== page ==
The application deadline is Wednesday, October 15, 2014.  Applications should be e-mailed to amoniz@historians.org.

Applications should include the following seven components:

1. A cover letter of not more than two pages that includes the proposed title of the article or chapter and a brief (not more than 100 words) description of the proposed research.

2. A statement certifying that the applicant is fluent in both written and spoken English. All seminar proceedings and the written work are in English.

3. A c.v. of not more than  two pages.

4. A research statement of about 1,000 words outlining the project and its goals, as well as its place within the literature of decolonization. It should briefly indicate work the applicant has already done on the topic.

5. A selected bibliography (one to two pages) of works relevant to the project.

6. A map indicating the area or areas on which the proposed project will focus.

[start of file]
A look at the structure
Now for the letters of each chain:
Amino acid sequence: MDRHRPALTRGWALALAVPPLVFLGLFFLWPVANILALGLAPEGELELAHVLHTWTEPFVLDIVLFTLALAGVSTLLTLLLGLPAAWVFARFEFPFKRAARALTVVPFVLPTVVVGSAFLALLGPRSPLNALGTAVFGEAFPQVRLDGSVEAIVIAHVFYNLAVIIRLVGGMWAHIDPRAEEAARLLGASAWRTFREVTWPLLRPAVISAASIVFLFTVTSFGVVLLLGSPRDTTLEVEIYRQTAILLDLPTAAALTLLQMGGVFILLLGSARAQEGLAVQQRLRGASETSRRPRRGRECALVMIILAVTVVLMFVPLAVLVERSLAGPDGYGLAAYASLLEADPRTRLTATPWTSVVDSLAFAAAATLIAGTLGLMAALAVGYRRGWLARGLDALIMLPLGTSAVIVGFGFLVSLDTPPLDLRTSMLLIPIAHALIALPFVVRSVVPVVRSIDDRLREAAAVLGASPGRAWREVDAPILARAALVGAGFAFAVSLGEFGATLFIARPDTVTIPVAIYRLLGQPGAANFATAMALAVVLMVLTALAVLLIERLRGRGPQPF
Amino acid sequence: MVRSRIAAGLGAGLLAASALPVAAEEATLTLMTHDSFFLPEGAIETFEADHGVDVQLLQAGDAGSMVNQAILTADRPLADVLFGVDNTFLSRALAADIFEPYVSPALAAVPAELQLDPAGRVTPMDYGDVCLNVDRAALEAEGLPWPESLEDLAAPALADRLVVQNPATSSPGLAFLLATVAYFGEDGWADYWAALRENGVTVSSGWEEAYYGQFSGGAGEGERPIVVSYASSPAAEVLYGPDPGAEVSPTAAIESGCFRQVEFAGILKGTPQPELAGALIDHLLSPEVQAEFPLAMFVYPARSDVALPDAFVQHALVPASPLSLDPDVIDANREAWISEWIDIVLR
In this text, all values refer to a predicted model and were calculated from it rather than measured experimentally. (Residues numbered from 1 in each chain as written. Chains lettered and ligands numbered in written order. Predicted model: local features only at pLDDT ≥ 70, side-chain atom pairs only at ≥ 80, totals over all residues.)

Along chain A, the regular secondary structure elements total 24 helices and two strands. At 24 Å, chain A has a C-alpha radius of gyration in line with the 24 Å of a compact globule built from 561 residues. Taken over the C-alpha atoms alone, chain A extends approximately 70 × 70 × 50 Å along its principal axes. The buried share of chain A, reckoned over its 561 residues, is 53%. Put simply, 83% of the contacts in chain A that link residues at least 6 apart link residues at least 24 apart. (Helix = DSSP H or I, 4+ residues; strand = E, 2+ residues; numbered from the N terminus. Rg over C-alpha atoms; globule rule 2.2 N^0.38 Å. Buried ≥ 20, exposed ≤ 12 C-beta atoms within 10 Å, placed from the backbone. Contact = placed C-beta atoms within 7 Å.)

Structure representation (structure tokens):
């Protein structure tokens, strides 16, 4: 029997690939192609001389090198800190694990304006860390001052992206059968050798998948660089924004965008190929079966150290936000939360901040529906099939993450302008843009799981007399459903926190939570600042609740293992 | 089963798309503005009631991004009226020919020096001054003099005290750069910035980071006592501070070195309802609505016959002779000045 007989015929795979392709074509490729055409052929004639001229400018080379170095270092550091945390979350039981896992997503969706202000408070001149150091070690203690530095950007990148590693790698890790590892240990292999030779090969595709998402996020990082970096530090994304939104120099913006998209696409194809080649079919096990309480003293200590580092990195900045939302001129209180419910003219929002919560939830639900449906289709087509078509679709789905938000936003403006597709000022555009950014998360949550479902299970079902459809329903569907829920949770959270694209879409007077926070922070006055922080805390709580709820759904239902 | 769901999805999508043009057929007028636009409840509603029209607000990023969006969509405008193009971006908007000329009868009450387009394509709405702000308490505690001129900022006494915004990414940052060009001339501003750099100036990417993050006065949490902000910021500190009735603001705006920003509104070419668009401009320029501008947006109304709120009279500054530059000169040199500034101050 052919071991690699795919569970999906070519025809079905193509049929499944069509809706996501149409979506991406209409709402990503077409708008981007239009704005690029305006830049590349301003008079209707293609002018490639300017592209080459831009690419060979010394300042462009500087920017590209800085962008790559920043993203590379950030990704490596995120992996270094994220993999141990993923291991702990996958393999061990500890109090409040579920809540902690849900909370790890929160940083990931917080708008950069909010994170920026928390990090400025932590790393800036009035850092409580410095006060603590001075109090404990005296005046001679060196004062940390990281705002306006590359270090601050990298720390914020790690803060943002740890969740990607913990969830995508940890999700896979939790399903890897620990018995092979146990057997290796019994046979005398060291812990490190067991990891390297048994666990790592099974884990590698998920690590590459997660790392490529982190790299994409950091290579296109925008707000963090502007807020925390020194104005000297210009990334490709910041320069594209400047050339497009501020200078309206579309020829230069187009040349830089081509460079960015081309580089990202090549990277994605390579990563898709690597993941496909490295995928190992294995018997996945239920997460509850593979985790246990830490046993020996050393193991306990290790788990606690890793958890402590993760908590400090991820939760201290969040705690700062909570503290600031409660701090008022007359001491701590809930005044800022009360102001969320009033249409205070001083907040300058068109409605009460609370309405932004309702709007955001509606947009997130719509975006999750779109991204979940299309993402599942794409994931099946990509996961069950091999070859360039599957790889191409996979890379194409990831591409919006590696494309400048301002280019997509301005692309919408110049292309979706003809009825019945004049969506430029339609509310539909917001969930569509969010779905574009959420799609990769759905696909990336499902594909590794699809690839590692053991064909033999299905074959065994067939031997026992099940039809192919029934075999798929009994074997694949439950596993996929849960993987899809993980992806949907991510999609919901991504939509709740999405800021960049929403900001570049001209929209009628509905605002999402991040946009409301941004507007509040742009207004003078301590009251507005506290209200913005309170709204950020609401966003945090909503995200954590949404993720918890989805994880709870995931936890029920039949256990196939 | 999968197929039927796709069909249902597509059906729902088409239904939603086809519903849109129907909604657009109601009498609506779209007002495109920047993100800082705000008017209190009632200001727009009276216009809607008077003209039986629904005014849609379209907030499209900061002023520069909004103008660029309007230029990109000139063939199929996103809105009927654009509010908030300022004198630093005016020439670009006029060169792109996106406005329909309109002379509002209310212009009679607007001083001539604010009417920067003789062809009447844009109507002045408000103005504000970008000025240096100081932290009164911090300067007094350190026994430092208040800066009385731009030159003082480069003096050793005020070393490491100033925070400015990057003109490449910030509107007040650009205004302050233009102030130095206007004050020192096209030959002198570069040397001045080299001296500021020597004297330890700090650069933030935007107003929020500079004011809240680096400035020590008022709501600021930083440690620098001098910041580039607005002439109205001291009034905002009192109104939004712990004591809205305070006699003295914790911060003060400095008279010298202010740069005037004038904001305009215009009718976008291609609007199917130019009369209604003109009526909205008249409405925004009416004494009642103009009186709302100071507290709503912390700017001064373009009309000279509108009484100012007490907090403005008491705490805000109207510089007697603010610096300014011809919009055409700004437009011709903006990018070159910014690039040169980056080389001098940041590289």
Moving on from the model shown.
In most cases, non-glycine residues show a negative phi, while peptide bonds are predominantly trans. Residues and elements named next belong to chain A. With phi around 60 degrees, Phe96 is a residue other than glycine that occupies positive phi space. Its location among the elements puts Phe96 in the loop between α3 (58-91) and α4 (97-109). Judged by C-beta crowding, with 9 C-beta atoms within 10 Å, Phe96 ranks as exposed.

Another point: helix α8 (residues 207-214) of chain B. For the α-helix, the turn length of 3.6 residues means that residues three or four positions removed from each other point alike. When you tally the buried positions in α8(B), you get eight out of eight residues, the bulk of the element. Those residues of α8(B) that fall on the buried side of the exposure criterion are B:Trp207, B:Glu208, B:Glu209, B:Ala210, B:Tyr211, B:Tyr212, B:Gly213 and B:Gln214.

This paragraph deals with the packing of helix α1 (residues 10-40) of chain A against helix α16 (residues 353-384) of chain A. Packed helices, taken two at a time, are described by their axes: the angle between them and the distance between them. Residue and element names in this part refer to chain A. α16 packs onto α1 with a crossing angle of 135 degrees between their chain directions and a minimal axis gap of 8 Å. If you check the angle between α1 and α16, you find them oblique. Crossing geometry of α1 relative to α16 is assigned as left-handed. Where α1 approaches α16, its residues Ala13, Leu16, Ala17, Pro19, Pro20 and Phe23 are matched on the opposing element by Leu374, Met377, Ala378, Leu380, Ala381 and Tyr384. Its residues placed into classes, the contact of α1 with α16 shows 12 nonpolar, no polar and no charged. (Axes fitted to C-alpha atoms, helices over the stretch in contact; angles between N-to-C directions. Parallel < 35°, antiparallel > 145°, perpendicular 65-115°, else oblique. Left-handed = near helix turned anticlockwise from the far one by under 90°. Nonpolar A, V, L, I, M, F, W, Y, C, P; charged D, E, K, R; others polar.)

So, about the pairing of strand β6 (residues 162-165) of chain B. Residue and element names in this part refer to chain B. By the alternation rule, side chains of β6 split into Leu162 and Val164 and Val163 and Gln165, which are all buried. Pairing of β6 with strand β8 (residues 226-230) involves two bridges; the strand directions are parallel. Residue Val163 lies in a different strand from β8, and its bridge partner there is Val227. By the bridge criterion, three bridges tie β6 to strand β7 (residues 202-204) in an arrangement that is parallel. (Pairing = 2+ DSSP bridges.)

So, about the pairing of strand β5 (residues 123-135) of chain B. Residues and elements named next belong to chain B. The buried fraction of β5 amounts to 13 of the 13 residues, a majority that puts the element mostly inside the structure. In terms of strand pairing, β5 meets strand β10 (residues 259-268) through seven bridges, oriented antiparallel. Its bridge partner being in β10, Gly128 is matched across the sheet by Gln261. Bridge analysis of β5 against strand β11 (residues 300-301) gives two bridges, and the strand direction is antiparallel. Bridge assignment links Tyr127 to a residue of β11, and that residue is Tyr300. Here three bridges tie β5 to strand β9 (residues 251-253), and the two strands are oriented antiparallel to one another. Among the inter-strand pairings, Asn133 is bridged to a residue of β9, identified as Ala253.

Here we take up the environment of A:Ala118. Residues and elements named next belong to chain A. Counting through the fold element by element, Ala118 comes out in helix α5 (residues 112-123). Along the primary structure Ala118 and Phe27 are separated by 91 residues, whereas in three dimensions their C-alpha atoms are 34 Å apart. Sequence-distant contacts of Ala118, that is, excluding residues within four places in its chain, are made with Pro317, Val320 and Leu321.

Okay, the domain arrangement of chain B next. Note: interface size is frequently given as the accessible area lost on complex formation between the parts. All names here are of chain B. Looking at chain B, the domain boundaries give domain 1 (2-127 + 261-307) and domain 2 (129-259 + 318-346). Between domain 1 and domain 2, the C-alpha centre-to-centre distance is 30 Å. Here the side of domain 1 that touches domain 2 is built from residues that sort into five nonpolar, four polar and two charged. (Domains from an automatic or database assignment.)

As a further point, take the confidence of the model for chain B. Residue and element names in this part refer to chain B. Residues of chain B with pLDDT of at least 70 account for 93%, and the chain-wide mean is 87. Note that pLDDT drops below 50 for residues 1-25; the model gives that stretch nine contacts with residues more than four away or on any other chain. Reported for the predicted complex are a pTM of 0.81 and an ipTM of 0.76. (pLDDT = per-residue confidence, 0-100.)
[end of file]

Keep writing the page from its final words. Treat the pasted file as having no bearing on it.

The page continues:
7. A list of the major archives or sources in Washington, D.C. the applicant proposes to use during the four weeks, including specific collections or record groups, if known.

8. Three letters of recommendation in support of the application, sent by the recommenders directly to the National History Center. The letters should, if possible, be e-mailed to amoniz@historians.org.  They should follow the guidelines available at Guidelines for Letters of Recommendation.

When preparing their applications, applicants may find it helpful to consult these guides to research resources in Washington, D.C., and elsewhere:
“Research Repositories in Washington, D.C.”
and the American Historical Association’s Archives Wiki.

A committee composed of the seminar faculty selects the fifteen participants. Participants will be notified by mid-January 2015 of their acceptance into the program. Questions about the application process should be addressed to Amanda Moniz, PhD, assistant director of the National History Center, at amoniz@historians.org or 202-450-3209.

The international seminars on decolonization are supported by a generous grant from the Andrew W. Mellon Foundation.